Remove Dogma and Form
“Too often we hold fast to the clichés of our forebears. We subject all facts to a prefabricated set of interpretations. We enjoy the comfort of opinion without the discomfort of thought.”
| John F. Kennedy, Commencement Address at Yale University, June 11 1962
Today, I had a thought. Well, that happens more often. But this one was of a special kind. Very liberating. This short blog post is a plea for openness, authenticity, and a respectful, prejudice-free world.
I asked myself today, what does it do to me when I turn away from every dogma and mold that is attached to me and my work?
– Concerning the dogma: Why should I be described and described myself as a landscape photographer, just because this is what I have sought and done with love over the last few years? What about my photographs of architecture, urban, small moments, and street photography? Should I withhold all of this just because I have built a target audience that expects this from me? Galleries are similar in nature. They expect their successful artists to produce similarly recognizable work to maintain recognition and sales value of the artist’s work. But we artists change, don’t we? Isn’t it incredibly boring to stand still? To do the same thing over and over again? Isn’t it liberating when I can be anything and grow as an artist?
– Concerning the form: Why should all my paintings conform to a geometry that I like so much? Just because it gives a safe result that will be received positively by my target audience? People are so quick to judge us when we break new ground. Why? I am more than just a form. This is where style gets confused with identity. I use a style in an image as a stylistic device to best convey the intention of the images in a project. This style can change. I might mix black and white images in photography, with experimental photography, alternative processes, or even highly dynamic color photography – if the project is with its intention then demands it. However, my identity across all my projects describes me and my essence. This is the constant that is and remains visible in the end.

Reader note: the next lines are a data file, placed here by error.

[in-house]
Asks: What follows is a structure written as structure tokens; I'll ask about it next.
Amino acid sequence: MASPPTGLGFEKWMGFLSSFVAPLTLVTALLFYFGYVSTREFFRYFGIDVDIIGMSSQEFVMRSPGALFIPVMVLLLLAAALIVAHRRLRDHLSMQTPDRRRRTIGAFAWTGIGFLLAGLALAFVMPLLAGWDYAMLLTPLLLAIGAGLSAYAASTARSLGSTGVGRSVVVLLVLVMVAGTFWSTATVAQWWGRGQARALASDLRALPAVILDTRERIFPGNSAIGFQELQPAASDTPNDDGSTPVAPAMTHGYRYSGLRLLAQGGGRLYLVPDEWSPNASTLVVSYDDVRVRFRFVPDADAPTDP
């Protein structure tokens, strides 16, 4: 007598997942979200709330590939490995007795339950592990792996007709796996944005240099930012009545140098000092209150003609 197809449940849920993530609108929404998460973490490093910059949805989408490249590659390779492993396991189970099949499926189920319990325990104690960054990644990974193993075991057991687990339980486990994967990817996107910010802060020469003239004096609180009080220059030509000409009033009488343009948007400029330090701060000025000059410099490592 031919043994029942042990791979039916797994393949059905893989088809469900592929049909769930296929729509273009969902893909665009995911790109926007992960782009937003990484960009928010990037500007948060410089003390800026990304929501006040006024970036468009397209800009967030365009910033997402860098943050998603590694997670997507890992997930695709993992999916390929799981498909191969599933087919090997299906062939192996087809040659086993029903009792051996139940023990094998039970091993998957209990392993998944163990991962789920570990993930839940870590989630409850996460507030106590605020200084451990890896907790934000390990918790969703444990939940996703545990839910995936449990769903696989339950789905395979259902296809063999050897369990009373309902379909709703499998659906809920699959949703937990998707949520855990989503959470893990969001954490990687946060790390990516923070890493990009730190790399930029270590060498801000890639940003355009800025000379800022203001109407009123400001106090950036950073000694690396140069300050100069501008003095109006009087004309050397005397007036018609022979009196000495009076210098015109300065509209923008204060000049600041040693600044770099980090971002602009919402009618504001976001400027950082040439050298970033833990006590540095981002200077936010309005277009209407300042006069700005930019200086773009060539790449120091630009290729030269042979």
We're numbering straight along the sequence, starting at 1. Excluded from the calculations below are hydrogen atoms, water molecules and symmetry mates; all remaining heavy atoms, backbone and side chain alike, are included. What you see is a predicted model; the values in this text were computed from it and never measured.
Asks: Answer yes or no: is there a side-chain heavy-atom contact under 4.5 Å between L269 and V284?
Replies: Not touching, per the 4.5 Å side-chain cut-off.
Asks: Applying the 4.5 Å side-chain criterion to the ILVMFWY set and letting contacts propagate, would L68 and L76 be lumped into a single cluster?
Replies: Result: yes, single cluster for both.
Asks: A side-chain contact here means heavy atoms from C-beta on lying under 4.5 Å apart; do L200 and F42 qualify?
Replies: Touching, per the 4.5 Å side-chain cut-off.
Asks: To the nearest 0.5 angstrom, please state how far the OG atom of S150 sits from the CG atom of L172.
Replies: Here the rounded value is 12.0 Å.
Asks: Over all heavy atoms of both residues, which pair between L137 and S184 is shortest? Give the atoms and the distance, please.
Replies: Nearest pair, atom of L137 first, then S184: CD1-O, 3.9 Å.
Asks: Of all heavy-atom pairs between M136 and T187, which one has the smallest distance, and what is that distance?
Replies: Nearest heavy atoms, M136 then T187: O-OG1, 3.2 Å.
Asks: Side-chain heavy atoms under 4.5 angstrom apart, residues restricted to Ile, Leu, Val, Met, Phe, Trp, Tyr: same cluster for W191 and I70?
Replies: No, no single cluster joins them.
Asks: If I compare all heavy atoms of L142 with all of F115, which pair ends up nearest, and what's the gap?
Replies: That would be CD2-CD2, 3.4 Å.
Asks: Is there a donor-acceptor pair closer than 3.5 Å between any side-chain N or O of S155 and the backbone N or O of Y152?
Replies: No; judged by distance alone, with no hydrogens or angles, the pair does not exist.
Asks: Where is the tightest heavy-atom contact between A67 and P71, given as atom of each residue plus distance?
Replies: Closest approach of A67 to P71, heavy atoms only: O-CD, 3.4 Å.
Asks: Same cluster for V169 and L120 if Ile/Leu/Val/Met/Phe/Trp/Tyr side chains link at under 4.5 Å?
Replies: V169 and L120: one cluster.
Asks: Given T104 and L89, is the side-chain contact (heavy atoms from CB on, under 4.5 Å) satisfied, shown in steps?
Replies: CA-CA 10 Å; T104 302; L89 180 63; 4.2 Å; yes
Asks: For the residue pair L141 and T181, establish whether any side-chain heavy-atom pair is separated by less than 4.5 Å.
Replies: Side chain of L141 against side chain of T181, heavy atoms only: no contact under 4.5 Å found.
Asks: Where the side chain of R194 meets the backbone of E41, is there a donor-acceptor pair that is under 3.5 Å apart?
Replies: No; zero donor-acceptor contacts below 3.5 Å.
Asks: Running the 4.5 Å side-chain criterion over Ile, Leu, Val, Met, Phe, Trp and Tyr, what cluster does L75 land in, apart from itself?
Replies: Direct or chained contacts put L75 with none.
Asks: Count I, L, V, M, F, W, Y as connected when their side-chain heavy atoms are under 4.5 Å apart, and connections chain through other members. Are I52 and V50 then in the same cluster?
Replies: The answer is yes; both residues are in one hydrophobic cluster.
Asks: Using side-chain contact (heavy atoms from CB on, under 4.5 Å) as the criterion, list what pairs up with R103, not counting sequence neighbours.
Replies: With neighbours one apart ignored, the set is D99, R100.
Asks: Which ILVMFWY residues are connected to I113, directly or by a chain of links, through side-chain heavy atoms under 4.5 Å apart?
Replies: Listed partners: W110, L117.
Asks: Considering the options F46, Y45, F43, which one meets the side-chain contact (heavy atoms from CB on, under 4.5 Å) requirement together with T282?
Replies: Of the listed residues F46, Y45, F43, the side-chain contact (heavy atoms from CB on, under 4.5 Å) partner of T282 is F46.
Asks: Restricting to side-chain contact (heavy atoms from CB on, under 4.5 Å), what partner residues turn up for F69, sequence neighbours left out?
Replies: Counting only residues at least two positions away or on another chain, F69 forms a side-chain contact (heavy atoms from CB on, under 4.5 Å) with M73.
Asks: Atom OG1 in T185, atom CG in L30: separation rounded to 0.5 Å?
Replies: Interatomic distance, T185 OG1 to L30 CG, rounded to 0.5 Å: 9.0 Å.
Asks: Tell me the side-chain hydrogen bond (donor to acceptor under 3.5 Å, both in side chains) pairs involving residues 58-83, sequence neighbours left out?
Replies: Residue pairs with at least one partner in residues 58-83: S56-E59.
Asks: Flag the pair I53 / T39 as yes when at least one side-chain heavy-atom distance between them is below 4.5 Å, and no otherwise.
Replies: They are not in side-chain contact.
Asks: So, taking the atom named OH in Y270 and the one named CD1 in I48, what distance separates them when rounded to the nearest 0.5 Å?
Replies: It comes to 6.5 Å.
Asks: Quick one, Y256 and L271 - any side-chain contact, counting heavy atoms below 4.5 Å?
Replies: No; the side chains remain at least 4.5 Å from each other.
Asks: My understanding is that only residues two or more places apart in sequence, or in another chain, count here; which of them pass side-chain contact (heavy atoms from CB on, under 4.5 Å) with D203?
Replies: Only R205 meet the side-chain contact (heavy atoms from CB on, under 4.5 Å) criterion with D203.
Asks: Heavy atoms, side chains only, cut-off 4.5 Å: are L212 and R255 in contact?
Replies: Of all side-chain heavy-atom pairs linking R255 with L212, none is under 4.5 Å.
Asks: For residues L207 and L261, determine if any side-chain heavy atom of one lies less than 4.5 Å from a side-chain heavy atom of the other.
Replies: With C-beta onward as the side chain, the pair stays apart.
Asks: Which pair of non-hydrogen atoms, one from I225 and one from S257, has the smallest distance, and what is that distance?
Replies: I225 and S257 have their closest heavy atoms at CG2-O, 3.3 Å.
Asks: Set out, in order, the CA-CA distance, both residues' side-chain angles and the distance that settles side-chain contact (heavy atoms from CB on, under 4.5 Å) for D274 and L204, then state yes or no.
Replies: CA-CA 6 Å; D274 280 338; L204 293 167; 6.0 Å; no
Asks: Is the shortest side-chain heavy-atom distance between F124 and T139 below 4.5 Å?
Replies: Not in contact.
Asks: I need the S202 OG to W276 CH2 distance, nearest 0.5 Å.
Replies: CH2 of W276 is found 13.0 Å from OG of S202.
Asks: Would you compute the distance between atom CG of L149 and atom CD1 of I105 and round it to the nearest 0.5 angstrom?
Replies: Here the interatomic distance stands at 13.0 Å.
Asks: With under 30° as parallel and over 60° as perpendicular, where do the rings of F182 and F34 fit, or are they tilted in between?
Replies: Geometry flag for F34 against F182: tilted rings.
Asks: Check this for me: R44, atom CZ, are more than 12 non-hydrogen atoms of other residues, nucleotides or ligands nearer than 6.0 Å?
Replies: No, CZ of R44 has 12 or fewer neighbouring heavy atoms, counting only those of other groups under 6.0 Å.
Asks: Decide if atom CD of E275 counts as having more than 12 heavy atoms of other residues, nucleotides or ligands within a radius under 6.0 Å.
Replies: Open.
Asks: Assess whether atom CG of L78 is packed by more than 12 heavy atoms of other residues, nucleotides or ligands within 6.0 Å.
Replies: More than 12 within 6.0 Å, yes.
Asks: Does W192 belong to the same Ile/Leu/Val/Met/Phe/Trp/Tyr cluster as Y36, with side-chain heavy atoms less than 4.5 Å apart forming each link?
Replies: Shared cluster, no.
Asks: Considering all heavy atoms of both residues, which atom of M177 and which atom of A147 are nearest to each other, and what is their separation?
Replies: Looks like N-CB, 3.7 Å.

Personally, I have never felt I belong to a single dogma and have always tried to avoid them. Why should I only be a scientist when I also love the arts, photography, music, and language, and am human in many different, social roles? Why do people think in these boxes and live in prejudices?
I am looking forward to a more open, authentic encounter with artists and people, in which a vulnerability is courageously brought in, and an open conversation is sought, which makes us as human beings, connect and unites us.